Stress-dependent changes in the diffuse ultrasonic backscatter coefficient in steel: Experimental results132(2012); http://dx.doi.org/10.1121/1.4729600View Description Hide Description
In this article, the effects of uniaxial compressive loading on the ultrasonic scattering from polycrystalline grains are shown for 10 MHz ultrasound in annealed, 1018 steel. The results show a decreasing value of the stress-dependent backscatter coefficient for normal incident ultrasound when the compression loading is perpendicular to the scattering direction. The change due to scattering is about 2 orders of magnitude greater than changes observed by others using ultrasonic wavespeed measurements. It is anticipated that this research can serve as the basis for many methods associated with nondestructive determination of stress in structural materials.
132(2012); http://dx.doi.org/10.1121/1.4730038View Description Hide Description
In December 2011 a long-range acoustic communication experiment was conducted in deep water, west of Izu-Ogasawara Islands, Japan. The experiment involved a stationary source (450–550 Hz) and an 18-element vertical array (102-m aperture), both deployed at around the sound channel axis. Initial analysis of data demonstrates that a data rate of 400 bits/s can be achieved over ∼600-km range in deep water using 16 quadrature amplitude modulation and passive time reversal equalization.
Comparative investigation of elastic properties in a trabecula using micro-Brillouin scattering and scanning acoustic microscopy132(2012); http://dx.doi.org/10.1121/1.4730329View Description Hide Description
Micro-Brillouin scattering (μ-BR) and a 200 MHz scanning acoustic microscope (SAM) with similar spatial resolutions were applied to evaluate tissue elastic properties in two directions in a trabecula. Acoustic impedancemeasured by SAM was in the range of 5–9 Mrayl. Wavevelocities determined by μ-BR were in the range of (4.75–5.11) × 103 m/s. Both exhibited a similar trend of variation across the trabecula and were significantly correlated (R 2 = 0.63–0.67, p < 0.01). μ-BR is useful for the evaluation of tissue stiffness within a trabecula. Combined with SAM or nanoindentation, it can provide additional information to assess elastic anisotropy at the micro-scale.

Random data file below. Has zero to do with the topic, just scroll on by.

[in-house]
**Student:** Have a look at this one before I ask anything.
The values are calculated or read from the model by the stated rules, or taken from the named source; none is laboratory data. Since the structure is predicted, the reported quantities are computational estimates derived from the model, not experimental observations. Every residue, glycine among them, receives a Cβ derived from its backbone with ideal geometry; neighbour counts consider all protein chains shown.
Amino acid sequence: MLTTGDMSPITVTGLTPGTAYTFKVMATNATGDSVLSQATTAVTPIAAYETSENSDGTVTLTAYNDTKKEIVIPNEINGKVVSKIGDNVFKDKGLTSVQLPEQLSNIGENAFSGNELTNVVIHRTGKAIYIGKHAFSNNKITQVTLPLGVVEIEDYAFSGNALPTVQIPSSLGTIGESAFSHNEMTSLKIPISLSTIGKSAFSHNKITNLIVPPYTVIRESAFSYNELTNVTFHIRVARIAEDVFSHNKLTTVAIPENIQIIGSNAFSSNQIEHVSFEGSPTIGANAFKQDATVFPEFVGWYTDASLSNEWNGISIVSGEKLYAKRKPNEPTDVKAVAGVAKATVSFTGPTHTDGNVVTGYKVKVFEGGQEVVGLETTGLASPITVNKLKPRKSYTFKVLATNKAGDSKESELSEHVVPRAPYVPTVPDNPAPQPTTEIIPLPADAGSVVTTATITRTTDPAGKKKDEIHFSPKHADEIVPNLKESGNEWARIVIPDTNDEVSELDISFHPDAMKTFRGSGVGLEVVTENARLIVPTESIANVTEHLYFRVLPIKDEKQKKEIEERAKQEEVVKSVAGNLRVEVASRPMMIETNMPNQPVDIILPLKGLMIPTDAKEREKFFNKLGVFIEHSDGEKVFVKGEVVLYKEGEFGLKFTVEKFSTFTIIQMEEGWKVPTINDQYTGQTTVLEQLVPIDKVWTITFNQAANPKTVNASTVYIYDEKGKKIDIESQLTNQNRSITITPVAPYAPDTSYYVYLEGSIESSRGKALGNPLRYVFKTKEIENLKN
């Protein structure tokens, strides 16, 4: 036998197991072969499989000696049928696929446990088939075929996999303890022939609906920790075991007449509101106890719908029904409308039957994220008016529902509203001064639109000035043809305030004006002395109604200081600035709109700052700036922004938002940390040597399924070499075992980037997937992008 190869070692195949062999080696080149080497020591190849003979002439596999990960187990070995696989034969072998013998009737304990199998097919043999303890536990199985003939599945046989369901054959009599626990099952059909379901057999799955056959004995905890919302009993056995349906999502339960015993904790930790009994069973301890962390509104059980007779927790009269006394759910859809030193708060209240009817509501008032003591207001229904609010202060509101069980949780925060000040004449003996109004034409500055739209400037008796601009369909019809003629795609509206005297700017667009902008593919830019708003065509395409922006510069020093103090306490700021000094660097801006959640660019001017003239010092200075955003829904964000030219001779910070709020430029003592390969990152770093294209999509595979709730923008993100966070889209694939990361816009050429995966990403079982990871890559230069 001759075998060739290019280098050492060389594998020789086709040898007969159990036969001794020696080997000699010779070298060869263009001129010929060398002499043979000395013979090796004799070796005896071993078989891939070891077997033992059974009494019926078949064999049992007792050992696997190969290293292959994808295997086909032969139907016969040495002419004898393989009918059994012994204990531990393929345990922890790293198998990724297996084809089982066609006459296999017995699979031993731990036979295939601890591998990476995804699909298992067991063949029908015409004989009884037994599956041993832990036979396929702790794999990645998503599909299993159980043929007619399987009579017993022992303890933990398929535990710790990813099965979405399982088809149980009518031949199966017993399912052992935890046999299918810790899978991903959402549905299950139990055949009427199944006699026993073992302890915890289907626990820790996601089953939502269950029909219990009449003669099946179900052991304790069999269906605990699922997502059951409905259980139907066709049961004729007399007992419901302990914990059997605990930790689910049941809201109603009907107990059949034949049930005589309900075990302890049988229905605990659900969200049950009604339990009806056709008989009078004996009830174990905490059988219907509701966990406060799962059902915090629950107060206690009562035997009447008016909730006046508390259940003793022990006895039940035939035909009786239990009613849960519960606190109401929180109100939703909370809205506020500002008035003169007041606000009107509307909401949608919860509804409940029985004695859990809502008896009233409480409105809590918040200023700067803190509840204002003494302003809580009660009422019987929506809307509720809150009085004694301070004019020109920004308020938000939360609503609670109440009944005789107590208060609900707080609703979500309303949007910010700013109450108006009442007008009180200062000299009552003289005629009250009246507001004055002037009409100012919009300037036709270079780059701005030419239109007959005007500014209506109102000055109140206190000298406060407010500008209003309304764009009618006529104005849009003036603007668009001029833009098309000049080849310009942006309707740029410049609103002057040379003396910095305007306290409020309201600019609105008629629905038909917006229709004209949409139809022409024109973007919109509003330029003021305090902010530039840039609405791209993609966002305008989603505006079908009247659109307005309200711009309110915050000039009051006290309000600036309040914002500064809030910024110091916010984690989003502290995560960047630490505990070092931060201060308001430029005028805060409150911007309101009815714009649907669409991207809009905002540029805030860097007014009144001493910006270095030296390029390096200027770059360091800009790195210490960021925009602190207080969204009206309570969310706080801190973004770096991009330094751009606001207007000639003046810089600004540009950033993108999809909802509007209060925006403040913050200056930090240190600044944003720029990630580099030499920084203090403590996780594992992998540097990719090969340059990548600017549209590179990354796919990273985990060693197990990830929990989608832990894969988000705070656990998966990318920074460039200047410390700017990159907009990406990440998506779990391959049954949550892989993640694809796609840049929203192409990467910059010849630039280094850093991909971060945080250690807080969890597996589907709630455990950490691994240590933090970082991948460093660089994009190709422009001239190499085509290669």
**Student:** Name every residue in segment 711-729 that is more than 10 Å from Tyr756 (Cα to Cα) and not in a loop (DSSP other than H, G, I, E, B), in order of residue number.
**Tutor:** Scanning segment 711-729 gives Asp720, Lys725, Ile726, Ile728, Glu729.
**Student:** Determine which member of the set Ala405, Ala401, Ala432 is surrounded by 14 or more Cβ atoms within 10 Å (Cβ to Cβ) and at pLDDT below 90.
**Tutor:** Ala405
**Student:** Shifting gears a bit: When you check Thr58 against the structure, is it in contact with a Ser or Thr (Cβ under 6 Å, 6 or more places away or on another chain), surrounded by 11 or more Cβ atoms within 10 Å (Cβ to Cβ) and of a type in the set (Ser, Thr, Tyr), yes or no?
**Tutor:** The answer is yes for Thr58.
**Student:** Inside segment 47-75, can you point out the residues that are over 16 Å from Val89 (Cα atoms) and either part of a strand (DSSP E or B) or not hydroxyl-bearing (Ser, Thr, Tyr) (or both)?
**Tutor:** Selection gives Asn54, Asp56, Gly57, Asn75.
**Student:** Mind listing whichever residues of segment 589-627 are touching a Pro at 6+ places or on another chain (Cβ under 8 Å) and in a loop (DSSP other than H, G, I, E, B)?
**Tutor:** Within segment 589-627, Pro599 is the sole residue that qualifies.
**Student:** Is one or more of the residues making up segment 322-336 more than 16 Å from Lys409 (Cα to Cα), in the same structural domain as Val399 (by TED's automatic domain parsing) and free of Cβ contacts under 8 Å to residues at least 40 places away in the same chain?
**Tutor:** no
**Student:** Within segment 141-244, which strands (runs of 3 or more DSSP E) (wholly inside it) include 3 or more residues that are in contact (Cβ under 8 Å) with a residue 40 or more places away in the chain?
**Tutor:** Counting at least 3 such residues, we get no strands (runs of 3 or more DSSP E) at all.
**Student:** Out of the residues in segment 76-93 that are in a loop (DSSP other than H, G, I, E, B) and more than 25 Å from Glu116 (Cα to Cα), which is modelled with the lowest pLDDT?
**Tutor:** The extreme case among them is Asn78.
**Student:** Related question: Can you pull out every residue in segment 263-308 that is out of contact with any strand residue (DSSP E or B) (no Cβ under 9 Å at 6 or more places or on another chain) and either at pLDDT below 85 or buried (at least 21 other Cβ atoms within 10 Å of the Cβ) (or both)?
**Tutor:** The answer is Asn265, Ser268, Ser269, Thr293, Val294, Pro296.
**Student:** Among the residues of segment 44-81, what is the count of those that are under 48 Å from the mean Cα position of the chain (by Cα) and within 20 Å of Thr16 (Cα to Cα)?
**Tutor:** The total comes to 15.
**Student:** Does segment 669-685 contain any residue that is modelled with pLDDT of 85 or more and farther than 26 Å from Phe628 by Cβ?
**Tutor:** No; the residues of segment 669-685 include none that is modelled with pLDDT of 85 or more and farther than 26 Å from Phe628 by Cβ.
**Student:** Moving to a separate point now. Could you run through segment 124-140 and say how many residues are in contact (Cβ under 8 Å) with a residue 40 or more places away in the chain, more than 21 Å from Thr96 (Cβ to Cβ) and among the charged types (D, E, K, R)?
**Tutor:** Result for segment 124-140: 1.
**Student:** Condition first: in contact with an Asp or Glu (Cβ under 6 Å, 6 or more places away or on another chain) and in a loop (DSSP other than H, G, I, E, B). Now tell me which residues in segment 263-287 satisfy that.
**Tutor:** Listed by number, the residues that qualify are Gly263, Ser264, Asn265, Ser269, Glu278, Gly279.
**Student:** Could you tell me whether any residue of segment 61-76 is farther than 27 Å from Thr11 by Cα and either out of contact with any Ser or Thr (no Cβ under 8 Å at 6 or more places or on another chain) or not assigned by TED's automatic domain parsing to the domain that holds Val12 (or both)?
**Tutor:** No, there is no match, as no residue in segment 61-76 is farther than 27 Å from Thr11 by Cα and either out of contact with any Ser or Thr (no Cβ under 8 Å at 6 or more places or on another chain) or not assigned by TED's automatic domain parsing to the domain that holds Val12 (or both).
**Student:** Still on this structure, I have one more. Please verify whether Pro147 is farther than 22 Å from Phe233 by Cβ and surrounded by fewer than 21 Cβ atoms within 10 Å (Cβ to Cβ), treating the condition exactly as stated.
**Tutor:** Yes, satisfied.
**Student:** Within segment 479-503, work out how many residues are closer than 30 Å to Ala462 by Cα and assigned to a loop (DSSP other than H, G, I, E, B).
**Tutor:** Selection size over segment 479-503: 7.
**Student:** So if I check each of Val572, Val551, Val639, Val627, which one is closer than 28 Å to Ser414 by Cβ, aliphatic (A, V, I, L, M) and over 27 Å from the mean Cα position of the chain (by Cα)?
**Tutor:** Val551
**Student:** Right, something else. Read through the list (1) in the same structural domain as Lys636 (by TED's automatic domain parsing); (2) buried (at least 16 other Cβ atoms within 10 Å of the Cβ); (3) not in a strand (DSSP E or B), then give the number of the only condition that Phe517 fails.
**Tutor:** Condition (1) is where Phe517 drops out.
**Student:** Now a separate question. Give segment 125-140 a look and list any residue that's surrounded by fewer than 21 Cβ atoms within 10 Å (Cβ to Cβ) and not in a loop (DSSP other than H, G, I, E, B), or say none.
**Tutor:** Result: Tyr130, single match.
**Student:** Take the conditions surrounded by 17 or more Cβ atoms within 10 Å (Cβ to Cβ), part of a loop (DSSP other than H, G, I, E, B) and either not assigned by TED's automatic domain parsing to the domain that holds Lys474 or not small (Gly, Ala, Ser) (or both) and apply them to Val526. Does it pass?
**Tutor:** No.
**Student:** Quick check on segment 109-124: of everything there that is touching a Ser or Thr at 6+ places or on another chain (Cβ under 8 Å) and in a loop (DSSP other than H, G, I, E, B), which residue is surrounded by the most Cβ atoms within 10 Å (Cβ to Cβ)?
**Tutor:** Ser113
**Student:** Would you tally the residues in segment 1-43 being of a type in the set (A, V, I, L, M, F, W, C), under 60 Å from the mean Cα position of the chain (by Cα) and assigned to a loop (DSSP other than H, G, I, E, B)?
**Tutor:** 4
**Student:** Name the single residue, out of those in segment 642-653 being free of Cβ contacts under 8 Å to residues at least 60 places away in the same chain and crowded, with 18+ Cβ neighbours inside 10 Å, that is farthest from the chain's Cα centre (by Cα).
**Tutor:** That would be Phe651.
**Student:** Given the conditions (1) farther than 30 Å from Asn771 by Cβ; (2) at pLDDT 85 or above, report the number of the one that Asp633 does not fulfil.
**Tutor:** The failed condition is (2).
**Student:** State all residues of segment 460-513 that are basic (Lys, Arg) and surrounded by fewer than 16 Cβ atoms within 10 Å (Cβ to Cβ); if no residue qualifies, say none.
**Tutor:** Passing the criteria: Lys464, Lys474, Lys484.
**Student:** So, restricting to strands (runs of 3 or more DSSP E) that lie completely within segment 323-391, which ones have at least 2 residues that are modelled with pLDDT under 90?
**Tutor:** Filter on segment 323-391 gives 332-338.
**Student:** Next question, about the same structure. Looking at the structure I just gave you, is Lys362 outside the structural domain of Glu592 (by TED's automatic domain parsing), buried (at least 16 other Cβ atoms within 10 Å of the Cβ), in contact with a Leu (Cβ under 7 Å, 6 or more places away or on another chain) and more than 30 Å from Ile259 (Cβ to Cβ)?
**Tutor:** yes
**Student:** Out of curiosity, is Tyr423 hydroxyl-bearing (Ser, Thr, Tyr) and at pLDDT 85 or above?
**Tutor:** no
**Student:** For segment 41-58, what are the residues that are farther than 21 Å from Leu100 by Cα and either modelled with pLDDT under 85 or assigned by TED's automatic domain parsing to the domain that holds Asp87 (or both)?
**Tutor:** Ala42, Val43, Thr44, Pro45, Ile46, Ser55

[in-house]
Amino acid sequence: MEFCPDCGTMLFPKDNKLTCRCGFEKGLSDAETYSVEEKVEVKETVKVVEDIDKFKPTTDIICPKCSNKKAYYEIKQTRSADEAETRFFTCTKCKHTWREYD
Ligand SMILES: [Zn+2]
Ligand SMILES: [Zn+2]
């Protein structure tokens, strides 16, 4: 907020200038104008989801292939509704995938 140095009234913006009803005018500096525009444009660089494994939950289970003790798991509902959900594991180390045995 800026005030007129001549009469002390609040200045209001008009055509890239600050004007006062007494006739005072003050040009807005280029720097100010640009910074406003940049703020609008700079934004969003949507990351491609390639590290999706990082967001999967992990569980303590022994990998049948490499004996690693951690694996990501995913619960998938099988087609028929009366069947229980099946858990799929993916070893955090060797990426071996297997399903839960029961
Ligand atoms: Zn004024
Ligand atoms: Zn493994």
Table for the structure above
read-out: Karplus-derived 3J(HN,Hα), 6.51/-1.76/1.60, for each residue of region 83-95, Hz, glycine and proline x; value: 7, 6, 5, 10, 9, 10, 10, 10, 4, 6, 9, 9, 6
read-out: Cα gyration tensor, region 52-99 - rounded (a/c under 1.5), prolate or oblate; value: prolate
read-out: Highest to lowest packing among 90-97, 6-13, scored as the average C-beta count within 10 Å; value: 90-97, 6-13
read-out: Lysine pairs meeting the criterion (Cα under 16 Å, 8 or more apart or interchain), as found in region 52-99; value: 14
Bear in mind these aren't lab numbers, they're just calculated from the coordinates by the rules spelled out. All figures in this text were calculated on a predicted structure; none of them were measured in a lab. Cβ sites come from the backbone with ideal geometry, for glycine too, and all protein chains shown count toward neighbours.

- LETTERS TO THE EDITOR
Detection of simultaneous modulation of interaural time and level differences: Effects of modulation rate and relative phase (L)a)132(2012); http://dx.doi.org/10.1121/1.4728199View Description Hide Description
The binaural system is known to be sluggish, i.e., unable to track modulations in interaural parameters even at a relatively slow rate. The present study evaluated the binaural system’s sensitivity to modulation phase rather than to modulation magnitude. The detectability of simultaneous modulations in interaural time and level differences with various relative phases were measured. It was found that for modulation rates up to 10–20 Hz, the detectability varied with the relative phase. This indicates that information about higher rates is lost at or below the level of cue integration.
132(2012); http://dx.doi.org/10.1121/1.4726029View Description Hide Description
An asynchronous multiuser system is proposed to support multiple-access underwater communications without the use of code-division multiple-access or a feedback channel. The rich multipath channels experienced by spatially separated users will be sufficient to ensure separation of collided packets at the base station. The iterative receiver will employ a combination of adaptive time-reversal processing, matching pursuit, and successive interference cancellation in a block-wise fashion to achieve multiuser separability. Data collected during the KAM11 experiment are used to illustrate the system’s capability in a dynamic, time-varying environment.
- GENERAL LINEAR ACOUSTICS 
132(2012); http://dx.doi.org/10.1121/1.4726052View Description Hide Description
Animals live in cluttered auditory environments, where sounds arrive at the two ears through several paths. Reflections make sound localization difficult, and it is thought that the auditory system deals with this issue by isolating the first wavefront and suppressing later signals. However, in many situations, reflections arrive too early to be suppressed, for example, reflections from the ground in small animals. This paper examines the implications of these early reflections on binaural cues to sound localization, using realistic models of reflecting surfaces and a spherical model of diffraction by the head. The fusion of direct and reflected signals at each ear results in interference patterns in binaural cues as a function of frequency. These cues are maximally modified at frequencies related to the delay between direct and reflected signals, and therefore to the spatial location of the sound source. Thus, natural binaural cues differ from anechoic cues. In particular, the range of interaural time differences is substantially larger than in anechoic environments. Reflections may potentially contribute binaural cues to distance and polar angle when the properties of the reflecting surface are known and stable, for example, for reflections on the ground.